The Call of the Wild is a novella by American author Jack London published in 1903. Set during the Alaskan gold rush of 1897, Jack London’s classic adventure story inspired Kerouac and Orwell. In this Folio edition, Abigail Rorer’s drawings depict the fierce beauty of the frozen Yukon. David Vann introduces.
The Call of the Wild opens during the Alaskan gold rush ‘in the fall of 1897, when the Klondike strike dragged men from all the world into the frozen North’. Not just men but dogs are required, strong pack animals with long coats to pull sleighs full of gold ore and provisions. Buck, a 140-pound cross-breed, is stolen from his comfortable home in California and sold into a life of slavery. He is passed from owner to owner, brutally clubbed and whipped, and forced to drag backbreaking loads over thin ice. After being beaten nearly to death, he is rescued by a prospector named John Thornton, who earns Buck’s passionate devotion. In Thornton’s care Buck flourishes, and becomes the most famous pack dog in all Alaska. But when the tie with Thornton is broken, Buck escapes the world of humans and fulfils his destiny to become a leader of wolves.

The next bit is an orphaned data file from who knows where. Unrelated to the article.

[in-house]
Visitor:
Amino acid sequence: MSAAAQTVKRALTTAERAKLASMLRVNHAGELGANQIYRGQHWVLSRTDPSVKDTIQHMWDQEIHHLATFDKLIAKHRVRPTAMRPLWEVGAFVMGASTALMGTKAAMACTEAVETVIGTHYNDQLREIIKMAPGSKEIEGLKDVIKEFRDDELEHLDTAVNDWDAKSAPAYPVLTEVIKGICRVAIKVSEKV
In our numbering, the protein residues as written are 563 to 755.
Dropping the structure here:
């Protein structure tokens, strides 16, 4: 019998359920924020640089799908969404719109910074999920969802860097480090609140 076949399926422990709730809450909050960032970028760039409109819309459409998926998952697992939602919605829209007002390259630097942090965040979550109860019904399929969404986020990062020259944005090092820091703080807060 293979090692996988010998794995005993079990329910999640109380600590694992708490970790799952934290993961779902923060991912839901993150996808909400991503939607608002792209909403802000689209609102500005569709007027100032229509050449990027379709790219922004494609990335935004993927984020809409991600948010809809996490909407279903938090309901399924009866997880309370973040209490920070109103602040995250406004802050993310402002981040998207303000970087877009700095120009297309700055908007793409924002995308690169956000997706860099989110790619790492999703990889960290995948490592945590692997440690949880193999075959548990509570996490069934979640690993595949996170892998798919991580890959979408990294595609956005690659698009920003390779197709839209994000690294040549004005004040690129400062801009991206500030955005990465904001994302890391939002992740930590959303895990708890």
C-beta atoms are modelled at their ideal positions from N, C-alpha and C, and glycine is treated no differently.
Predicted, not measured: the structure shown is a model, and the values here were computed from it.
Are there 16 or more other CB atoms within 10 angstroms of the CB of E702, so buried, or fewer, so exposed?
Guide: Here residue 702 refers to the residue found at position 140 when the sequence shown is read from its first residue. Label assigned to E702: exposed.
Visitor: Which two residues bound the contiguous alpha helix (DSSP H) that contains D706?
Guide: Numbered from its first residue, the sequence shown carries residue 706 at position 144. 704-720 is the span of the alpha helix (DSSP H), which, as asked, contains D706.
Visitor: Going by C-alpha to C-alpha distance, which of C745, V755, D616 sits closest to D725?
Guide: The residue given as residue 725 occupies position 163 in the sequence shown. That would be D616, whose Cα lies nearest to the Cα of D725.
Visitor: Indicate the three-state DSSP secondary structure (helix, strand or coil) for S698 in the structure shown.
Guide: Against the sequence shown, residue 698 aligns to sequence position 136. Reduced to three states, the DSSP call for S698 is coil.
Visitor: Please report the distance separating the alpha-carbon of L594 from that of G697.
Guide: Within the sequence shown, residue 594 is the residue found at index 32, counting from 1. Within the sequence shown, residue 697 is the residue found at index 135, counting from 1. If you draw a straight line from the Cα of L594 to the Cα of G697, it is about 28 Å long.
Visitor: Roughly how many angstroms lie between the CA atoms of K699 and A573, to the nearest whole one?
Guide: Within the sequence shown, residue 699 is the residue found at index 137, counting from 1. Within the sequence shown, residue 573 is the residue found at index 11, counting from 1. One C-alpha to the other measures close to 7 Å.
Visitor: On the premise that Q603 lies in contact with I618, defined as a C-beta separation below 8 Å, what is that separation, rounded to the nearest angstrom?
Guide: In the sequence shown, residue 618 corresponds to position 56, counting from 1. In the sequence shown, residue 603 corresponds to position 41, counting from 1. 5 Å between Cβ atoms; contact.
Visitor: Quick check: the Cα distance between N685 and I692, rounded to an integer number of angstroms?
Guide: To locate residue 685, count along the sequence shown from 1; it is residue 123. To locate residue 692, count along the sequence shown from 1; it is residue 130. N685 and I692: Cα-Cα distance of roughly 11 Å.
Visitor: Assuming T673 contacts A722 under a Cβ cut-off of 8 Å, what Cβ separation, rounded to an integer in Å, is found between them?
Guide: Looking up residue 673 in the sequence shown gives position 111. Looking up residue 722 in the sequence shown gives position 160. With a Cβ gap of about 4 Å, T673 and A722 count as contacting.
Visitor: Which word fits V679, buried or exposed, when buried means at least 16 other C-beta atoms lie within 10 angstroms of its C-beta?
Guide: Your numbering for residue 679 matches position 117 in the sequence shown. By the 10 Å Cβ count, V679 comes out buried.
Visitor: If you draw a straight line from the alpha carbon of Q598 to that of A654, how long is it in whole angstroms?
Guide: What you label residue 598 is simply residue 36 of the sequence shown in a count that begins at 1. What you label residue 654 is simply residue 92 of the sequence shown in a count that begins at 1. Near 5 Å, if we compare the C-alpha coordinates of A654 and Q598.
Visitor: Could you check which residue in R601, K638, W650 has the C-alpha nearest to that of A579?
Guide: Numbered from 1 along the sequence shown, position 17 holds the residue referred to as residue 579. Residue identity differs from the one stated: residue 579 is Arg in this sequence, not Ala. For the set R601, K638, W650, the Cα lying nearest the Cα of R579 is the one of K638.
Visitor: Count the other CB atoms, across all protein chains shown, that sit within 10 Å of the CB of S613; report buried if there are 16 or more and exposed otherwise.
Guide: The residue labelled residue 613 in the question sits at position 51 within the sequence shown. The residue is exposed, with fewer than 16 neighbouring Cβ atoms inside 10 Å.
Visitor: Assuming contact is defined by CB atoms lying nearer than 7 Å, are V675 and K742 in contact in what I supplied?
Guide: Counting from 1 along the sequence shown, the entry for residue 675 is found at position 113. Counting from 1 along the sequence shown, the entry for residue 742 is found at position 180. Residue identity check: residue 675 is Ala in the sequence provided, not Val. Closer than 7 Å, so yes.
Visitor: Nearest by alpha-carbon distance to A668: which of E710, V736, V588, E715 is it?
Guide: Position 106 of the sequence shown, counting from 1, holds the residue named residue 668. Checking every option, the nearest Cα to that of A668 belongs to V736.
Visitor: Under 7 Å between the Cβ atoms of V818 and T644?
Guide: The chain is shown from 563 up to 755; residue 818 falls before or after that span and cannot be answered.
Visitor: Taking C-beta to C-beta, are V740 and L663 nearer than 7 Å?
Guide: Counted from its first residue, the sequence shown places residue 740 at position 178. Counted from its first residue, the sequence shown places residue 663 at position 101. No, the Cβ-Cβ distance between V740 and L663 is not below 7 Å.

The story takes place in the extreme conditions of the Yukon during the 19th-century Klondike Gold Rush, where strong sled dogs were in high demand. After Buck, a domesticated dog, is snatched from a pastoral ranch in California, he is sold into a brutal life as a sled dog. The novella details Buck's struggle to adjust and survive the cruel treatment he receives from humans, other dogs, and nature. He eventually sheds the veneer of civilization altogether and instead relies on primordial instincts and the lessons he has learned to become a respected and feared leader in the wild.
The story was serialized in the Saturday Evening Post in the summer of 1903 and released a month later in book form. The great popularity and success of the story made a reputation for London, with much of the story's appeal based on the simplicity with which he presented the themes in an almost mythical manner.